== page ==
About Byzantine Worship

The Byzantine Catholic Church is comprised of followers of our Lord and Savior Jesus Christ who are in union with the Pope of Rome, yet whose religious patrimony, unlike that of Roman Catholics, took shape in fourth century Byzantium (Constantinople, present-day Istanbul). These Greek spiritual traditions were adapted from the rituals of Antioch, an ancient city evangelized by the apostles, who were sent forth by Our Lord to “make disciples of all the nations.” This religious tradition was then brought to the Slavic peoples of Europe, beginning in the ninth century. Emigrants from Eastern Europe brought their Byzantine faith to the United States at the end of the nineteenth century. That is why you may hear some prayers and hymns being sung in the traditional Slavonic or Ukrainian languages.


Divine Liturgy is the “summit toward which the activity of the church is directed; it is also the fount from which all her power flows.” For Byzantine Rite Catholics, the Divine Liturgy is the sublime form of spiritual worship, which fully engages all of our physical senses and draws us into the presence of the Holy, Almighty and Immortal God.

Icons are religious paintings or images. By contemplating icons of our Lord, of those holy ones who are with our Lord in heaven, and of those sacred events which are a part of Christian tradition, we strive to archives a powerful and prayerful meditative mood. We never worship the images themselves. Through the icons we direct our prayers to God, Who became visible and approachable in His Son, and Whom, alone, we praise, worship, and glorify.

Bowing and making the sign of the cross upon ourselves many times during the liturgy is a sign of our faith as we receive and accept God’s blessings through the church and the ministry of the priest-celebrant. We also bow slightly and bless ourselves ever time we refer to the Holy Trinity. We do not genuflect but rather bow and cross ourselves as we enter and leave the church.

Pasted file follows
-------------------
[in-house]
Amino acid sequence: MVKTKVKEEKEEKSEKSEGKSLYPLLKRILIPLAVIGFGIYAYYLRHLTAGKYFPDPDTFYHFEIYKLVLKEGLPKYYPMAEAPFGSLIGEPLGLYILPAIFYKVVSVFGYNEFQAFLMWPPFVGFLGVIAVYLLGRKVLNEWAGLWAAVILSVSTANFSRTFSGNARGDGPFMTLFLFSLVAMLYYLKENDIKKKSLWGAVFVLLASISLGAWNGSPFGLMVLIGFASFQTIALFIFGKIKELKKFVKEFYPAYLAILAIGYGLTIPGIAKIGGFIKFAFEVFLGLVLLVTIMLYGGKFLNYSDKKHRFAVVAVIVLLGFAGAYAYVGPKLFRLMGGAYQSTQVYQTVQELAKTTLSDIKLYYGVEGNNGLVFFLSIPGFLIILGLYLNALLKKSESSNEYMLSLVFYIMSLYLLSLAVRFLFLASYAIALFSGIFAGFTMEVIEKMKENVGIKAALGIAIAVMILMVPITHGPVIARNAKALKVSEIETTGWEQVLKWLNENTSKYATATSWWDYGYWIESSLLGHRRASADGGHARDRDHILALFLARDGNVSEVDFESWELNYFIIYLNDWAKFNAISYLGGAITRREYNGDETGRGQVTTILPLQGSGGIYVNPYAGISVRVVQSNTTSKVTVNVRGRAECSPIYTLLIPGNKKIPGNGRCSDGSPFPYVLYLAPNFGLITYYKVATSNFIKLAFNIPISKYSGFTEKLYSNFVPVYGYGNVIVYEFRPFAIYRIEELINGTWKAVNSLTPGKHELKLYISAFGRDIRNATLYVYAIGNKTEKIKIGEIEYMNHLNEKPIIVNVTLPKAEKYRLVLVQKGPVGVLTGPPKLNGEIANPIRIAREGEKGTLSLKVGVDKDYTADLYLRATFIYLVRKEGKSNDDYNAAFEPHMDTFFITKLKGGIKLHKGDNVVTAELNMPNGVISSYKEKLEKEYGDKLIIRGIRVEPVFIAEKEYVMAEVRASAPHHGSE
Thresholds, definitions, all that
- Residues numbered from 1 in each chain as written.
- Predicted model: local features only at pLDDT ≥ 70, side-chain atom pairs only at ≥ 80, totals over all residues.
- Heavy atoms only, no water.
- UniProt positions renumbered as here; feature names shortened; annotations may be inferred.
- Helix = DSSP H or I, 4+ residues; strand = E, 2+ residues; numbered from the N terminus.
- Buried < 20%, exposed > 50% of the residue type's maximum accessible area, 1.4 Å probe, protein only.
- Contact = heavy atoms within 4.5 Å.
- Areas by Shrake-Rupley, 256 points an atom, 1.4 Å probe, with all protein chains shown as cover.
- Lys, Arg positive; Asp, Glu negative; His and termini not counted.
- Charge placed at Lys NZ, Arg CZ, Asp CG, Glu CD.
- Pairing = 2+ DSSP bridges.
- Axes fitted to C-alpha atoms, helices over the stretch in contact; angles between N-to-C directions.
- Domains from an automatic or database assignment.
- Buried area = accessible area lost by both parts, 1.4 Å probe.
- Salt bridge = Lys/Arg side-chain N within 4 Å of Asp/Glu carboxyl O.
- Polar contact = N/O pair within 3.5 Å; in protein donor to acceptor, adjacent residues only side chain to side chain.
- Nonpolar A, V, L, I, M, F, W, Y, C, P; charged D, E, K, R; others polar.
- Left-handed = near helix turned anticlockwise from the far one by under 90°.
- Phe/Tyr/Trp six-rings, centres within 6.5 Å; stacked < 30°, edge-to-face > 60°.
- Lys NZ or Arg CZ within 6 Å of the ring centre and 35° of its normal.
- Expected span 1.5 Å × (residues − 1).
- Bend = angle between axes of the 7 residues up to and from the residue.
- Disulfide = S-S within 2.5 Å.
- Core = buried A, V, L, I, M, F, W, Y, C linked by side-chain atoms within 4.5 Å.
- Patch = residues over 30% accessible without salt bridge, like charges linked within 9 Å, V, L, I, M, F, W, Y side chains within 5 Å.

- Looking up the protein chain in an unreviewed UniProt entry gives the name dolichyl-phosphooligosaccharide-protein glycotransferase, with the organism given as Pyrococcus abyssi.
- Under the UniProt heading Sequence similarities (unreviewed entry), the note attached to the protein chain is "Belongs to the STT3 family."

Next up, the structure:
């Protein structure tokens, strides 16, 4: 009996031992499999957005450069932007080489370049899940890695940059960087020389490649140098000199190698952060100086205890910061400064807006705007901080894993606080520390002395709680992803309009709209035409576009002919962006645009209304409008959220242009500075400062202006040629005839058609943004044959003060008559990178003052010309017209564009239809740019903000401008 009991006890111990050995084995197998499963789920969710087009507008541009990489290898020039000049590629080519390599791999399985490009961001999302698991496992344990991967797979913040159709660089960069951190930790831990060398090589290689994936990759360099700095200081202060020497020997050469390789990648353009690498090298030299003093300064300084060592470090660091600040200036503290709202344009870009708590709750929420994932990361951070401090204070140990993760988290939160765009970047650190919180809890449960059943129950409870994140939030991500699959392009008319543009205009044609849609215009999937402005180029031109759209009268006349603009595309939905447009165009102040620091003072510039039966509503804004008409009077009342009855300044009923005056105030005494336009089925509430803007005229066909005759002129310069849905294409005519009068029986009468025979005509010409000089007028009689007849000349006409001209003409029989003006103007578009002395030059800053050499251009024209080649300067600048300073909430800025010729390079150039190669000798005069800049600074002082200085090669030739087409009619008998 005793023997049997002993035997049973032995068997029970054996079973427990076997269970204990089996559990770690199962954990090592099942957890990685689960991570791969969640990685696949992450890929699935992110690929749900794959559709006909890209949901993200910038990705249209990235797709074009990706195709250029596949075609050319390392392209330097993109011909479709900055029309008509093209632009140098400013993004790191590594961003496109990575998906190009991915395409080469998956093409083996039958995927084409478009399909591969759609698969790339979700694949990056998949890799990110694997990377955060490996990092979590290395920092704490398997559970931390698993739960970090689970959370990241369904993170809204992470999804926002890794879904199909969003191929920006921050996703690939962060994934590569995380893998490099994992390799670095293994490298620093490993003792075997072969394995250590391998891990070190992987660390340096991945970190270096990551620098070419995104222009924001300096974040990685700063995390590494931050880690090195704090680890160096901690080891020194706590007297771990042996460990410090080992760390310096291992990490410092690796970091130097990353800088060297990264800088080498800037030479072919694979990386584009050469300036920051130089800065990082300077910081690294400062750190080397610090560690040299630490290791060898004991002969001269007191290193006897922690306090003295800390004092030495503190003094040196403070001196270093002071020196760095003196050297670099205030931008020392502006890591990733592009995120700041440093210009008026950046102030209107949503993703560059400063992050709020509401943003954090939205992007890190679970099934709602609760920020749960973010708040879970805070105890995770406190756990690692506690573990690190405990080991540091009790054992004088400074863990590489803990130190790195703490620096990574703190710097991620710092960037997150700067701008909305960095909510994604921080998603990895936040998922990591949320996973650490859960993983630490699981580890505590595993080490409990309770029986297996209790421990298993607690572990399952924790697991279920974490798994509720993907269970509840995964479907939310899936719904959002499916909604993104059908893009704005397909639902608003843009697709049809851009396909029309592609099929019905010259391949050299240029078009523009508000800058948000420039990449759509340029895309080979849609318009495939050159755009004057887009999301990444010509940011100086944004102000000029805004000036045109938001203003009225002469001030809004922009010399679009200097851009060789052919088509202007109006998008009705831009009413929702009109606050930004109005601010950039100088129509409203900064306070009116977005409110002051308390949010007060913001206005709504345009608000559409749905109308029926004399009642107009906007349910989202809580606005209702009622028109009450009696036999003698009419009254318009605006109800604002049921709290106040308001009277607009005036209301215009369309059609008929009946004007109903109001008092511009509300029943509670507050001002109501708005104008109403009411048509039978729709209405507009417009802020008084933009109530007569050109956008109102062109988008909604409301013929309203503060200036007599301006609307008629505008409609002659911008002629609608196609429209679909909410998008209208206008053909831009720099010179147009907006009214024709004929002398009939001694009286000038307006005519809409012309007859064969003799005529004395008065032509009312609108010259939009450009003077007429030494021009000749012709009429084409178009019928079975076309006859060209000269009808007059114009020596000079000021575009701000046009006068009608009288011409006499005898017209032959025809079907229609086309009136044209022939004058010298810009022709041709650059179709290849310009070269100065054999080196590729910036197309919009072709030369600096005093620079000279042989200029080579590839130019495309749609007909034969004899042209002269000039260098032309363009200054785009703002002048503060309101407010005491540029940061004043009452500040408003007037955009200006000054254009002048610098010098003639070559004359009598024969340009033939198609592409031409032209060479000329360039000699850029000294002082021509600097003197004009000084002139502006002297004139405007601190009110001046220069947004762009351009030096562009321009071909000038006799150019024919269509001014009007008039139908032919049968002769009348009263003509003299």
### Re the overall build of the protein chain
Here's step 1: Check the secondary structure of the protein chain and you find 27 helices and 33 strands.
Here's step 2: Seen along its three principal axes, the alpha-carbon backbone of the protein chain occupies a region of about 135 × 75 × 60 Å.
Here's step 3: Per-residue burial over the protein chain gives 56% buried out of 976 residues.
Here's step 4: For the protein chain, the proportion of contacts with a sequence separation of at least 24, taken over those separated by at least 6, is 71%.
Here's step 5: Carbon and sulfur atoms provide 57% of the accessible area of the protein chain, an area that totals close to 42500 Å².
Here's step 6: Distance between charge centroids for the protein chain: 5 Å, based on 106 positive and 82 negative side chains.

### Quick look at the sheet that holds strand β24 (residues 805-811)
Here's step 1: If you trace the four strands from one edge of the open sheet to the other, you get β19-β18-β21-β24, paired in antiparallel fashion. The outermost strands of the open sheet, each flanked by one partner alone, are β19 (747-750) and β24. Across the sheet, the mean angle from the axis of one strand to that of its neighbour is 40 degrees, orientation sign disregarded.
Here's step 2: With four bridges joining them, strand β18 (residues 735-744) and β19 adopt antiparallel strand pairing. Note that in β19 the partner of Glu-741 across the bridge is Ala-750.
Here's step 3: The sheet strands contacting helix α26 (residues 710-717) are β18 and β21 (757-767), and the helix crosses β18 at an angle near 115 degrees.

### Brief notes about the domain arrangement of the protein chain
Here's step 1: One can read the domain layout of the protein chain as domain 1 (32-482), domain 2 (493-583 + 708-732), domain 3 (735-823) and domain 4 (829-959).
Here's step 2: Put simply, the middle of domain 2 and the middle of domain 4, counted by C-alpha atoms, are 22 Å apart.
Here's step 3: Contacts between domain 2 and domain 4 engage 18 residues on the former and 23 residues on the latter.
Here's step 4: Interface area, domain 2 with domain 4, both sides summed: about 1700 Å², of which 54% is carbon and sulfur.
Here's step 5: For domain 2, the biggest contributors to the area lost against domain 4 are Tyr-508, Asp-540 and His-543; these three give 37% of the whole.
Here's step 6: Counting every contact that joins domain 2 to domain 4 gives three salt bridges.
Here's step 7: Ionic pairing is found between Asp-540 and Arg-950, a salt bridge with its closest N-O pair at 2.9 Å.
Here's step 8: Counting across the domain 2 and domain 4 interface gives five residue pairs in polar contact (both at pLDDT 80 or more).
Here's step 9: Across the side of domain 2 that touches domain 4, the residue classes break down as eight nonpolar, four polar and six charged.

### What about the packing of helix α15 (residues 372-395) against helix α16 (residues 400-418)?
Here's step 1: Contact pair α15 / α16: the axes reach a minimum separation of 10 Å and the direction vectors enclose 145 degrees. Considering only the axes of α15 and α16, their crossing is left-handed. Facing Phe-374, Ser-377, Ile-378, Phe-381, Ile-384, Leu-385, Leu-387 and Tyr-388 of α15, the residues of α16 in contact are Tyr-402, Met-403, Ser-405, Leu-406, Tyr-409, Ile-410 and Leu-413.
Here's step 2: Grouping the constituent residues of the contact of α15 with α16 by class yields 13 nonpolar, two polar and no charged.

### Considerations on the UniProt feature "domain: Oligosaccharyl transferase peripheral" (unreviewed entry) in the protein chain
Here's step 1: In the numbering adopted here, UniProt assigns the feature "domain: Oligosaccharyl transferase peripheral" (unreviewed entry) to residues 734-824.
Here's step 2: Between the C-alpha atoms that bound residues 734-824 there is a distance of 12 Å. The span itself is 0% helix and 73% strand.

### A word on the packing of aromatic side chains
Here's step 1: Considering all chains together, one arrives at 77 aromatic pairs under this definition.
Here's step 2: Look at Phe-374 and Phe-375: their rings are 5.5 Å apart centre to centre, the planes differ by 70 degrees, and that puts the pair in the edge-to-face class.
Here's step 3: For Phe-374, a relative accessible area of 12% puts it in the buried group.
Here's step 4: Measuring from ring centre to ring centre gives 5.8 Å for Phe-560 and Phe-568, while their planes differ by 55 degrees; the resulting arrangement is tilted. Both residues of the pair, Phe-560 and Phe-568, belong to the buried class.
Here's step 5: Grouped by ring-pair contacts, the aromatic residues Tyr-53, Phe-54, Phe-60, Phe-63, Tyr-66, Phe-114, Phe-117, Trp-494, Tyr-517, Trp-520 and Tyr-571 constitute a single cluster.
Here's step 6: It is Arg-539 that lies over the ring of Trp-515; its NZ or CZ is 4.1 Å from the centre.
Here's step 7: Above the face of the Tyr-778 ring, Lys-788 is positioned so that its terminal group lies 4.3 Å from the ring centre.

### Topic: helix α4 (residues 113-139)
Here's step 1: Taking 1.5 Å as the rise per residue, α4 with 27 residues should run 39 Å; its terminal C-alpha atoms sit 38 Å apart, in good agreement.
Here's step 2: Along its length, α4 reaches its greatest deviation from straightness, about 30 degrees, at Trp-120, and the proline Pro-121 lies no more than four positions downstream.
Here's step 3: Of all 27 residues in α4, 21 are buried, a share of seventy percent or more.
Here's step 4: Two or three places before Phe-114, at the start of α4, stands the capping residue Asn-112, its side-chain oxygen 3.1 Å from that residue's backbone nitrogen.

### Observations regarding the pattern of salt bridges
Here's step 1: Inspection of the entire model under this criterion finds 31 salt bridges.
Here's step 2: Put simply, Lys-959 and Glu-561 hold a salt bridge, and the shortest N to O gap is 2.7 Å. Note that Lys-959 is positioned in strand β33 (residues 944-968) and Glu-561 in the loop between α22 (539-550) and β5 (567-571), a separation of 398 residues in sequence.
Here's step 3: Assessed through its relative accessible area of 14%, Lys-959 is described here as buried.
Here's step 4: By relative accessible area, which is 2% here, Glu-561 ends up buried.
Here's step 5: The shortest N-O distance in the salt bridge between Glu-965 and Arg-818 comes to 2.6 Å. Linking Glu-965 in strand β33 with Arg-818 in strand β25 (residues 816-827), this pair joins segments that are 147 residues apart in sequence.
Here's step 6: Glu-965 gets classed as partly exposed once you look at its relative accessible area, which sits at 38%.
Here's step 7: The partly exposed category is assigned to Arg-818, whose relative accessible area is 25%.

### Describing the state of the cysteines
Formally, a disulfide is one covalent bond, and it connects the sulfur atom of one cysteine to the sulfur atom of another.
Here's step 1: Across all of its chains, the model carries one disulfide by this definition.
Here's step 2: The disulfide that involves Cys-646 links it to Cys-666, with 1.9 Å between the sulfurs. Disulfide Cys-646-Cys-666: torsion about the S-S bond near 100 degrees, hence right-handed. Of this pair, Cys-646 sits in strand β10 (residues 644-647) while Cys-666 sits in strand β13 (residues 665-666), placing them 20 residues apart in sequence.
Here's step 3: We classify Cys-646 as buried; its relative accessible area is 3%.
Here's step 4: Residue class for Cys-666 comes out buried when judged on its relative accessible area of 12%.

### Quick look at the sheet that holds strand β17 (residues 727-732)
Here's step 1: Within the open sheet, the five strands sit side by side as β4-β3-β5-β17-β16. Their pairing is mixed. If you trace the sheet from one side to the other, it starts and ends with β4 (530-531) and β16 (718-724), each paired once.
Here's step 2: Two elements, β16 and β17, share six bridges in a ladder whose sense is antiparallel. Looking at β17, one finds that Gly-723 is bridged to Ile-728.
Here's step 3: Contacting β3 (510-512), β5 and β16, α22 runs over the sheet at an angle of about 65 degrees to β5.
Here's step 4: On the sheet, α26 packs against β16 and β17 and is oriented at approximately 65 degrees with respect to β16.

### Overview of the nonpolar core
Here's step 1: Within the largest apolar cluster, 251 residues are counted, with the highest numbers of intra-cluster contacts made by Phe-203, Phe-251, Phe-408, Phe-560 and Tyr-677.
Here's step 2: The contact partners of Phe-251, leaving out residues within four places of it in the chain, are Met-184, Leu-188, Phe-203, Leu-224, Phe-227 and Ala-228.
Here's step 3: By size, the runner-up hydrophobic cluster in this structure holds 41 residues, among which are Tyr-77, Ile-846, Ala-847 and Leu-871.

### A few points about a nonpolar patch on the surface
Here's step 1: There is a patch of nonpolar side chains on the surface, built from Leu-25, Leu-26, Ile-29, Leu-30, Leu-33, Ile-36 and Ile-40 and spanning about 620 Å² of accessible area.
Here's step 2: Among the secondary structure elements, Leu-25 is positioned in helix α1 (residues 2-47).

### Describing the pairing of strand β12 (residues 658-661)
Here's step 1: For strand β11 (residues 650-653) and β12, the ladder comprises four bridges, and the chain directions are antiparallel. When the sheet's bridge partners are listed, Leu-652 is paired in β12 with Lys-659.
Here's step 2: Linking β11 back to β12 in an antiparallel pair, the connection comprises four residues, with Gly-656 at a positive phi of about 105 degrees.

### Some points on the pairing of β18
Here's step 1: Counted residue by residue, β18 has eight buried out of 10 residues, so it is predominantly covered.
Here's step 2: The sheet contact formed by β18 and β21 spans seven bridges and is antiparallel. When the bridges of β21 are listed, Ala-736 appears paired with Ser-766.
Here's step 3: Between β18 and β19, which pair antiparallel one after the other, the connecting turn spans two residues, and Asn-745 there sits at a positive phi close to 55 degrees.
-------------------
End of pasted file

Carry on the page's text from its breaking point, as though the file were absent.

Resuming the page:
Incense is used as a sign of reverence for the sacred place and for the people participating in the liturgy, who are made in the image and likeness of God. It is also a sign of purification and preparation for something important that is about to happen. It reminds us that our prayers ascend (like the incense itself) before the throne of God.

Singing is one of the great beauties of the Byzantine Liturgy. Almost all of our services are sung a cappella and are led by a cantor who stands behind the congregation.

Listening is an important activity during the liturgy, as the readings from the scriptures are not printed in our booklets. The priest always directs us to “be attentive” before each scripture is read.

Reception of Holy Communion, which is the reception of the Body and Blood of our Lord Jesus Christ, is also an external sign of our Catholic unity. The desire for, and reception of Holy Communion, is the greatest form of worship and thanksgiving to God. Therefore, those who have predisposed themselves and who share our Catholic faith are invited to approach the altar and receive the Divine Eucharist. When approaching the priest, quietly state your first name. Then TILT YOUR HEAD BACK SLIGHTLY and OPEN YOUR MOUTH WIDELY. DO NOT EXTEND YOUR TONGUE and DO NOT SAY “AMEN.” The priest will carefully drop the Eucharist into your mouth from a small spoon. Wait until the spoon is removed from your face before closing your mouth, step aside, bow, and return to your place

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Thank you for visiting our site. Please join us for worship, and we hope that you will stay for fellowship after our service and join us again soon at Divine Liturgy.


Slava Isusu Christu! Glory to Jesus Christ!